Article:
### 18.4 Functions of a Matrix ¶

: `r =` expm `(A)`

Return the exponential of a matrix.

The matrix exponential is defined as the infinite Taylor series

```expm (A) = I + A + A^2/2! + A^3/3! + ...
```

However, the Taylor series is not the way to compute the matrix exponential; see Moler and Van Loan, Nineteen Dubious Ways to Compute the Exponential of a Matrix, SIAM Review, 1978. This routine uses Ward’s diagonal Padé approximation method with three step preconditioning (SIAM Journal on Numerical Analysis, 1977). Diagonal Padé approximations are rational polynomials of matrices

```     -1
D (A)   N (A)
```

whose Taylor series matches the first `2q+1` terms of the Taylor series above; direct evaluation of the Taylor series (with the same preconditioning steps) may be desirable in lieu of the Padé approximation when `Dq(A)` is ill-conditioned.

: `s =` logm `(A)`
: `s =` logm `(A, opt_iters)`
: `[s, iters] =` logm `(…)`

Compute the matrix logarithm of the square matrix A.

The implementation utilizes a Padé approximant and the identity

```logm (A) = 2^k * logm (A^(1 / 2^k))
```

The optional input opt_iters is the maximum number of square roots to compute and defaults to 100.

The optional output iters is the number of square roots actually computed.

: `s =` sqrtm `(A)`
: `[s, error_estimate] =` sqrtm `(A)`

Compute the matrix square root of the square matrix A.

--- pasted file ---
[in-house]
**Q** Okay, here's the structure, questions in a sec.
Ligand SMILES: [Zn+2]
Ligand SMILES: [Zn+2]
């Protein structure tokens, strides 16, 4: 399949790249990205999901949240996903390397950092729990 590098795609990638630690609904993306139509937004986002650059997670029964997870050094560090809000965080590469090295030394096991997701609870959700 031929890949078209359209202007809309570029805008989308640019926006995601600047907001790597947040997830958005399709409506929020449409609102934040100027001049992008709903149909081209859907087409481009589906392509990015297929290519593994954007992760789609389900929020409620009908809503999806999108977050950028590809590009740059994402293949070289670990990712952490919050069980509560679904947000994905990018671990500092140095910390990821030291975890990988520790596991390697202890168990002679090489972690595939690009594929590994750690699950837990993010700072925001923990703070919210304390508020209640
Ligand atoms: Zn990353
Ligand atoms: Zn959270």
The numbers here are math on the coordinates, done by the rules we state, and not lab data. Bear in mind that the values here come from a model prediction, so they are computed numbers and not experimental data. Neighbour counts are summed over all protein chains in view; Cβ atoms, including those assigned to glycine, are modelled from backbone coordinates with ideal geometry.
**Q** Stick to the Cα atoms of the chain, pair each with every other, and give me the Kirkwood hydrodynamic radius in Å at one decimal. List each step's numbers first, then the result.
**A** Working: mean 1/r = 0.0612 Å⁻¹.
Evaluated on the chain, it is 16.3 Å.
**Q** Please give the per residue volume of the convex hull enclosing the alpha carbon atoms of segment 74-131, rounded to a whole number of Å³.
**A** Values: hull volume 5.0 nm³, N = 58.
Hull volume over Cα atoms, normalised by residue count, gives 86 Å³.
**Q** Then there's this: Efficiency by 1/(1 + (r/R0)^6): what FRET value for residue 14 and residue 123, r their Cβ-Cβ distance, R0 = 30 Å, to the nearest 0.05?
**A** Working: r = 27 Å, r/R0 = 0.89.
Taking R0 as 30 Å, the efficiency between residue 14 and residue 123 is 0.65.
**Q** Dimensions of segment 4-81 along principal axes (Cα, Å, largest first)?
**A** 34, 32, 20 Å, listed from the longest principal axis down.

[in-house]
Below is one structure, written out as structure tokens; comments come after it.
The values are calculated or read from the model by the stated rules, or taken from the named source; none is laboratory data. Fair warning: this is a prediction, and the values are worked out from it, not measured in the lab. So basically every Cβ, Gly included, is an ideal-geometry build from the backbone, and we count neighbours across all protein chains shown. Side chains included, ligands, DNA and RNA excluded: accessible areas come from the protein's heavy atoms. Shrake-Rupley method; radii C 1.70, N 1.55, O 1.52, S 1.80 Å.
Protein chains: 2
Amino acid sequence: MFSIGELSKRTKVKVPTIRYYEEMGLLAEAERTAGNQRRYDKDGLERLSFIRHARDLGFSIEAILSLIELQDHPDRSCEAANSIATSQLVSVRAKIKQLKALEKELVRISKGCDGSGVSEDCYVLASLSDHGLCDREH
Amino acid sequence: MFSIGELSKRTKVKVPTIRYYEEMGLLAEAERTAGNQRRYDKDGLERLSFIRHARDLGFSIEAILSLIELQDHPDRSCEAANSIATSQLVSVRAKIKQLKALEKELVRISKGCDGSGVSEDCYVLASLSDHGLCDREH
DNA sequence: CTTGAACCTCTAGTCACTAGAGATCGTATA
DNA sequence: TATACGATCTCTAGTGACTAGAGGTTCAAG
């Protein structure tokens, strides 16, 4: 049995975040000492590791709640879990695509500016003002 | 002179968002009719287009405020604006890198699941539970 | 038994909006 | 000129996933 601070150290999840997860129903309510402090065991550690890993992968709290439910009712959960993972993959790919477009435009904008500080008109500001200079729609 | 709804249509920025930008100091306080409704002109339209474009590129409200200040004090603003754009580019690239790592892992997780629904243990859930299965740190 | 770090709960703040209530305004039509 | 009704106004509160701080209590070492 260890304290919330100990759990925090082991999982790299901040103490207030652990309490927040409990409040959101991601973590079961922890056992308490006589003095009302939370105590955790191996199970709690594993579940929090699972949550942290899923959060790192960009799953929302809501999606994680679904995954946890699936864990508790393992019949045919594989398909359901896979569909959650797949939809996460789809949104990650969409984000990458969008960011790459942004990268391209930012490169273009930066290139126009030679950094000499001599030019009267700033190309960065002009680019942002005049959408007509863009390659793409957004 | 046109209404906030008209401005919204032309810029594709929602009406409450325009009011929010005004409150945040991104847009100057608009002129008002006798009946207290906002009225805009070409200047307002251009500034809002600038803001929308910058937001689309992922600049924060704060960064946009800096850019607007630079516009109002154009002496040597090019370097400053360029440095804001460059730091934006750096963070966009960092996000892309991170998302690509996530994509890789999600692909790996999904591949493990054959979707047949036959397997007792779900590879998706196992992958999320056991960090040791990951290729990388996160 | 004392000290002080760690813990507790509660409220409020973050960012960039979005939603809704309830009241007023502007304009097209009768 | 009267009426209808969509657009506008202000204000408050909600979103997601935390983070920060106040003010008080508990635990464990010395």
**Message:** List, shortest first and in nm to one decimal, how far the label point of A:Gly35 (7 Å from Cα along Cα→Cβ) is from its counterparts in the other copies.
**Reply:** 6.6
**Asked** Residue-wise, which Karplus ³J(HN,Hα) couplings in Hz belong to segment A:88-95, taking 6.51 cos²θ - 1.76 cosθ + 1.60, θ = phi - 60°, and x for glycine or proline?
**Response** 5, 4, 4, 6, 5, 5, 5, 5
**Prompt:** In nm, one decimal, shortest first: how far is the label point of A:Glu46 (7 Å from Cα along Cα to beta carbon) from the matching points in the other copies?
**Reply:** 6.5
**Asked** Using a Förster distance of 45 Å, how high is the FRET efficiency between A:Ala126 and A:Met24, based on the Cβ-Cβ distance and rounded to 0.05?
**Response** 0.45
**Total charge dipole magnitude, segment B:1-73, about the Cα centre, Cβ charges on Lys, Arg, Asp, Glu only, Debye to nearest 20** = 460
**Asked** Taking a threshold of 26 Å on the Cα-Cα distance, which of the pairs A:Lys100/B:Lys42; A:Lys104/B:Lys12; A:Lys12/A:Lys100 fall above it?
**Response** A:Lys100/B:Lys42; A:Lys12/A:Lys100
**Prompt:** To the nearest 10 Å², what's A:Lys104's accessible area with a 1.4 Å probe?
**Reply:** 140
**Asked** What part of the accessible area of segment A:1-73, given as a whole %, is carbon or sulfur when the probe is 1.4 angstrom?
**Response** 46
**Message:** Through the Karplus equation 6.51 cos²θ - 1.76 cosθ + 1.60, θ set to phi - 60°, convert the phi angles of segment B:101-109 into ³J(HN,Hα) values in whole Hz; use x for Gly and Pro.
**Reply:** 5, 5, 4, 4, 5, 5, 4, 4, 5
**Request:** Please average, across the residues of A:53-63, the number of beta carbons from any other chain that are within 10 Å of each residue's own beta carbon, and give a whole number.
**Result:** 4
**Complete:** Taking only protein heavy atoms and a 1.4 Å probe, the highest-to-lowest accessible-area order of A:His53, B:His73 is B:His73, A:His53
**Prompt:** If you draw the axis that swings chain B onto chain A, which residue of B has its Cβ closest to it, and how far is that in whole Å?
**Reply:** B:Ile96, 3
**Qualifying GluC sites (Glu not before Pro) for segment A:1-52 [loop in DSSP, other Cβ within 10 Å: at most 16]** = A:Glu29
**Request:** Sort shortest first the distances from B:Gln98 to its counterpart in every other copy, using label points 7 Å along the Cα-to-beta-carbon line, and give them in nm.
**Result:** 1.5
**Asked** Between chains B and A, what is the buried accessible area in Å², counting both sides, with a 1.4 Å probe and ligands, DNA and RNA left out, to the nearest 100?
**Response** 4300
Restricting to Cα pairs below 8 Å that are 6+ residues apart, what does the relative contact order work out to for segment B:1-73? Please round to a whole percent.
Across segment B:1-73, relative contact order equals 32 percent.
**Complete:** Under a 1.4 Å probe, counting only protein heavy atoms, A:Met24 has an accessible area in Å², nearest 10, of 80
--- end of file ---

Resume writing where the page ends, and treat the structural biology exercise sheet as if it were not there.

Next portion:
Ref: N.J. Higham. A New sqrtm for MATLAB. Numerical Analysis Report No. 336, Manchester Centre for Computational Mathematics, Manchester, England, January 1999.

: `C =` kron `(A, B)`
: `C =` kron `(A1, A2, …)`

Form the Kronecker product of two or more matrices.

This is defined block by block as

```c = [ a(i,j)*b ]
```

For example:

```kron (1:4, ones (3, 1))
⇒  1  2  3  4
1  2  3  4
1  2  3  4
```

If there are more than two input arguments A1, A2, …, An the Kronecker product is computed as

```kron (kron (A1, A2), ..., An)
```

Since the Kronecker product is associative, this is well-defined.

: `C =` tensorprod `(A, B, dimA, dimB)`
: `C =` tensorprod `(A, B, dim)`
: `C =` tensorprod `(A, B)`
: `C =` tensorprod `(A, B, "all")`
: `C =` tensorprod `(A, B, …, "NumDimensionsA", value)`

Compute the tensor product between numeric tensors A and B.

The dimensions of A and B that are contracted are defined by dimA and dimB, respectively. dimA and dimB are scalars or equal length vectors that define the dimensions to match up. The matched dimensions of A and B must have the same number of elements.

When only dim is used, it is equivalent to `dimA = dimB = dim`.

When no dimensions are specified, `dimA = dimB = []`. This computes the outer product between A and B.

Using the `"all"` option results in the inner product between A and B. This requires `size (A) == size (B)`.

Use the property-value pair with the property name `"NumDimensionsA"` when A has trailing singleton dimensions that should be transferred to C. The specified value should be the total number of dimensions of A.

MATLAB Compatibility: Octave does not currently support the `"property_name=value"` syntax for the `"NumDimensionsA"` parameter.

: `C =` blkmm `(A, B)`

Compute products of matrix blocks.

The blocks are given as 2-dimensional subarrays of the arrays A, B. The size of A must have the form `[m,k,…]` and size of B must be `[k,n,…]`. The result is then of size `[m,n,…]` and is computed as follows:

```for i = 1:prod (size (A)(3:end))
C(:,:,i) = A(:,:,i) * B(:,:,i)
endfor
```

: `X =` sylvester `(A, B, C)`

Solve the Sylvester equation.

The Sylvester equation is defined as:

```A X + X B = C
```

The solution is computed using standard LAPACK subroutines.

For example:

```sylvester ([1, 2; 3, 4], [5, 6; 7, 8], [9, 10; 11, 12])
⇒ [ 0.50000, 0.66667; 0.66667, 0.50000 ]
```